Regulatory Framework

National and international responses and regulatory mechanisms in the area of prevention, preparedness and response against misuse of chemicals and bio agents, technologies and materials, remain weak. They become less and less relevant to meet the threats and challenges of the globalization and rapid and very dynamic spread of chemical and bio  industries and materials. Safe storage  and disposal of obsolete chemicals, munitions and wastes, including agriculture chemicals, sea dumped chemicals, are becoming a growing security and environmental concern and challenge for many countries. Ensuring cybersecurity in chemical activities has becomes a major security and economic challenge while there is no relevant industry, national and international solutions.

ICCSS encourages international structures, including the United Nations, OPCW, and other relevant agencies to focus their agenda on reducing these chemical threats. In the process of modernizing the international agenda and attuning it to today’s and tomorrow’s needs and challenges, we have to embrace chem-bio safety and security.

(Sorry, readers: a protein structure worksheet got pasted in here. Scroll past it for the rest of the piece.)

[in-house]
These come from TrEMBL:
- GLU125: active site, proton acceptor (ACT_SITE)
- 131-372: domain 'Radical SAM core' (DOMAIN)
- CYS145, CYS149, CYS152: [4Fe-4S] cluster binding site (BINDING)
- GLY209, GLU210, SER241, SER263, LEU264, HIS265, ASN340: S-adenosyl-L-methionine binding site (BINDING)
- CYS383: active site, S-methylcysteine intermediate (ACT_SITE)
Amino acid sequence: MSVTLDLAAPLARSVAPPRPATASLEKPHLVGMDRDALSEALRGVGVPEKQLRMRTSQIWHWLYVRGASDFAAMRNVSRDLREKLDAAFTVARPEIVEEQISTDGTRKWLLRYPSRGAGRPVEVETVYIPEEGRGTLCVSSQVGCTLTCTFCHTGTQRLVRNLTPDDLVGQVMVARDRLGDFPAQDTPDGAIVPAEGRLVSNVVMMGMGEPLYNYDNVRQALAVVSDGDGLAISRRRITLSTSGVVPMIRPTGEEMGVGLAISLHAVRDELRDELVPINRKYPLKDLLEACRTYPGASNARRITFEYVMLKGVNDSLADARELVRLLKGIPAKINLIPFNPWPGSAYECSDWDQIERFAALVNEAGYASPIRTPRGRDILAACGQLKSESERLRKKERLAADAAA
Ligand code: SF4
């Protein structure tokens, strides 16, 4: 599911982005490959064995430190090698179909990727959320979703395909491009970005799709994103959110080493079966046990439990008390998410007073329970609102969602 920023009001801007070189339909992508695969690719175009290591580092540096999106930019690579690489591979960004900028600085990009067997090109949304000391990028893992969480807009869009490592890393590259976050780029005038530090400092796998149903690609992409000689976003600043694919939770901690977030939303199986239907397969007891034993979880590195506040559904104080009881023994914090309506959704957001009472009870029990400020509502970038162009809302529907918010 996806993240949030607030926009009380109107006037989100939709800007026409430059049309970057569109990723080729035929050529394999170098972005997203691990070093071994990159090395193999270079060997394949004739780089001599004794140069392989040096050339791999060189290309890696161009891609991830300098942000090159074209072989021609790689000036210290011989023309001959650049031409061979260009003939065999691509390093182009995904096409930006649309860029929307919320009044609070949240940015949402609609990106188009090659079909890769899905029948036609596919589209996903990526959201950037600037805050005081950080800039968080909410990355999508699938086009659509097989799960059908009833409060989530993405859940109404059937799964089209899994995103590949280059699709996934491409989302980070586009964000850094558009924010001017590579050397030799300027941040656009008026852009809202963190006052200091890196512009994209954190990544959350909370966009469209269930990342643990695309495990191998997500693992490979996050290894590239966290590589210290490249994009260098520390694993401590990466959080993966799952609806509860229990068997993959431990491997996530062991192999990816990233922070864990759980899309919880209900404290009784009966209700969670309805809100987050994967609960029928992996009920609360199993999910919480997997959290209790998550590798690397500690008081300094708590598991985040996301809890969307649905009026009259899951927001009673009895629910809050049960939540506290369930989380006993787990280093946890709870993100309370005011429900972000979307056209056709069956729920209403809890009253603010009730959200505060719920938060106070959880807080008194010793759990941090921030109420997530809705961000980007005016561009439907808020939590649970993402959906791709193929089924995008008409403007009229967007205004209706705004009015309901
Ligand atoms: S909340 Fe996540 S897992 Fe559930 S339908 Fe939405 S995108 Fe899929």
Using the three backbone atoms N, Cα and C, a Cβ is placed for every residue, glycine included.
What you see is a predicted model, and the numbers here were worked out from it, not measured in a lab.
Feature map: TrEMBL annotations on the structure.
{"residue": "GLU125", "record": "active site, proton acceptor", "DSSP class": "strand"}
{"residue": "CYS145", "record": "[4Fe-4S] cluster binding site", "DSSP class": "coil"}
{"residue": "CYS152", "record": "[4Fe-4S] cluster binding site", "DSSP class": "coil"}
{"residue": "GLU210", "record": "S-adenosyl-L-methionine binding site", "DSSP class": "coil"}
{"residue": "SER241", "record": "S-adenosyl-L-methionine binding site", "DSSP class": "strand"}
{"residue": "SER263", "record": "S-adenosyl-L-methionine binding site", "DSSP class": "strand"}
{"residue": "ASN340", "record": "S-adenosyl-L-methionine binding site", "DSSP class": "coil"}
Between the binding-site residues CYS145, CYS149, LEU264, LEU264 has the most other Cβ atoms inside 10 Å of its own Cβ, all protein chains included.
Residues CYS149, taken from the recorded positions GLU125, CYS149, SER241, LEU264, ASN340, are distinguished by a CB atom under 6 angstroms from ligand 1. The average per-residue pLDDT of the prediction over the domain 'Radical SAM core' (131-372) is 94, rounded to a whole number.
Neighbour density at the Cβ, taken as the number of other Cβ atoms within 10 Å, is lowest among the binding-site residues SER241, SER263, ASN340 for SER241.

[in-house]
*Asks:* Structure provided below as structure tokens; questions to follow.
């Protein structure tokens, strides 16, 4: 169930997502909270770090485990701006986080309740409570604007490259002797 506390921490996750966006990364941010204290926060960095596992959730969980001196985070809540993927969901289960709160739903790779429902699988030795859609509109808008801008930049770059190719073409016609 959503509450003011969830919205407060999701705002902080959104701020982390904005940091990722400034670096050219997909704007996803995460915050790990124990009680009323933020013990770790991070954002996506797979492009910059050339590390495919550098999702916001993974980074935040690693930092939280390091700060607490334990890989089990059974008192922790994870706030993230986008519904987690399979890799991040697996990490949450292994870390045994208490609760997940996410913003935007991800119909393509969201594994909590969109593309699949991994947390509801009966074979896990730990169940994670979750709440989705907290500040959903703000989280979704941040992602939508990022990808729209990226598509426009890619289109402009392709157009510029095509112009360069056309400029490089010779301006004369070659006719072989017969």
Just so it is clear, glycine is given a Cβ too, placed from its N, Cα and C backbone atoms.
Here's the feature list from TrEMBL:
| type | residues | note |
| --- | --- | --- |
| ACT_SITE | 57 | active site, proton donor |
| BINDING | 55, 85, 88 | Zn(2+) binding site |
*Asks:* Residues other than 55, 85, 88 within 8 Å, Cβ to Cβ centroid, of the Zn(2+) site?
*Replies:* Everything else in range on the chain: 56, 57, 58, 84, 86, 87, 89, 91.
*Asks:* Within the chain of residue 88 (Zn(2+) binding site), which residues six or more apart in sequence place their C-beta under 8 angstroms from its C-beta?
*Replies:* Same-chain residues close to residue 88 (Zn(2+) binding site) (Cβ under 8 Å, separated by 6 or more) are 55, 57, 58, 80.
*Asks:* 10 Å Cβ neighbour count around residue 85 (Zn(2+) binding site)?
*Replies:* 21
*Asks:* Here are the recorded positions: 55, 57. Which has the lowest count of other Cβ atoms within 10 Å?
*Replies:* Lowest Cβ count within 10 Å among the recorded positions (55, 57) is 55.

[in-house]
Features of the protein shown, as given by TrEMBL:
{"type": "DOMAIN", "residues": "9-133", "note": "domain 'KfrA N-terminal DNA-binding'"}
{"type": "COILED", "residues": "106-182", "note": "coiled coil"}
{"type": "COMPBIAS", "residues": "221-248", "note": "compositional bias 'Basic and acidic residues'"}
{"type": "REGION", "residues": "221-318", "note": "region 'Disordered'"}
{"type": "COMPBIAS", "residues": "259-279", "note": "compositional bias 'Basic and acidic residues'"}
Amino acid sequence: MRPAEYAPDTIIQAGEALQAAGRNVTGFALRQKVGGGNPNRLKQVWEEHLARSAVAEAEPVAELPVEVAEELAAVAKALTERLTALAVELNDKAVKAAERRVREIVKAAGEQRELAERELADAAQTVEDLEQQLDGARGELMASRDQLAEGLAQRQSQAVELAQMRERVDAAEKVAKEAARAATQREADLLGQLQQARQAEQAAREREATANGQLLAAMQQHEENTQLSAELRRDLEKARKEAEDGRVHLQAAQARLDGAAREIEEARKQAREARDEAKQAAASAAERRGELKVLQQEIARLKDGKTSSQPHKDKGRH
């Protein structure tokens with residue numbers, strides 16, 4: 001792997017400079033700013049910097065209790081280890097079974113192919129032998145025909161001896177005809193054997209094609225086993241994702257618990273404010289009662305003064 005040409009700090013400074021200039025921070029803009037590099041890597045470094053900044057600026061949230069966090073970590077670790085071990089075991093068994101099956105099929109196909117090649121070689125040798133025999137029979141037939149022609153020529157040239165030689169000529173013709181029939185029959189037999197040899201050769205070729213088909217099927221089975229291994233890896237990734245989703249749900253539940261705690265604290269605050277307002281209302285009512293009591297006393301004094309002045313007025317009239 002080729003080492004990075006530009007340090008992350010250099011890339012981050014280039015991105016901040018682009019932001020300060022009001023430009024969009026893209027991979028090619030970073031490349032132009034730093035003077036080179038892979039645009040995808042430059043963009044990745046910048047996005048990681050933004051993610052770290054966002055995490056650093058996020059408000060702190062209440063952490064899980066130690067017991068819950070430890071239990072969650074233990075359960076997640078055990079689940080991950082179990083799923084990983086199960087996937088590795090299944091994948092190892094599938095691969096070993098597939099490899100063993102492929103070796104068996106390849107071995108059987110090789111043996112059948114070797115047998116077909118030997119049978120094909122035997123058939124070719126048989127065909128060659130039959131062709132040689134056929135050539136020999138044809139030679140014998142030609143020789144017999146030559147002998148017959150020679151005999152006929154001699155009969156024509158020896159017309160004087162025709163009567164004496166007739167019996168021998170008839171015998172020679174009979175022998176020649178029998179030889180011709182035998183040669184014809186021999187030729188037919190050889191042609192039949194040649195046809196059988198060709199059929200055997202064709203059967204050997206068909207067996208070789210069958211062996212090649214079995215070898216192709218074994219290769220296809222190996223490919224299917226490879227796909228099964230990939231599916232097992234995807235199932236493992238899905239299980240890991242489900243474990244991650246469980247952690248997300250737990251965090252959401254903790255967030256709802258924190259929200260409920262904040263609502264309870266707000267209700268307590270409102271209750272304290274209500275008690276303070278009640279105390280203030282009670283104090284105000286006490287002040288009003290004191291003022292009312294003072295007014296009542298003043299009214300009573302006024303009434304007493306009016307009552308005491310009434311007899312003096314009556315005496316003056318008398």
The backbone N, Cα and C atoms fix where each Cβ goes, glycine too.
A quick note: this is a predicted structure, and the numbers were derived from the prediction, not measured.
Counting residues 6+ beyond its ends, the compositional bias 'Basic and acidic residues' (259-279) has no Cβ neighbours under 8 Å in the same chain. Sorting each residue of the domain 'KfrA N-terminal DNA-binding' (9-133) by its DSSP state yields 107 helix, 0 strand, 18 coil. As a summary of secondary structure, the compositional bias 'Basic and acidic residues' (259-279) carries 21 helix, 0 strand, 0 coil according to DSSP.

ICCSS enhances needs of developing countries to increase their chem-bio regulatory and administrative capacities as emerging core component of national security, public health, economic and social development, and environmental protection, especially in regions of conflicts.
ICCSS provides  capacity building and cooperation for local stakeholders, with emphasis on youth to use chemicals in safe and secure ways.

ICCSS operationalizes chem-bio security best practices for Small and Medium Enterprises (SME) around the world.  

ICCSS has developed Chemical Safety Security Regulatory Framework Offer to increase capacities of national and regional stakeholders to meet these security threats and challenges with comprehensive legislation, operations, best practices and capacity building measures based on the following approaches: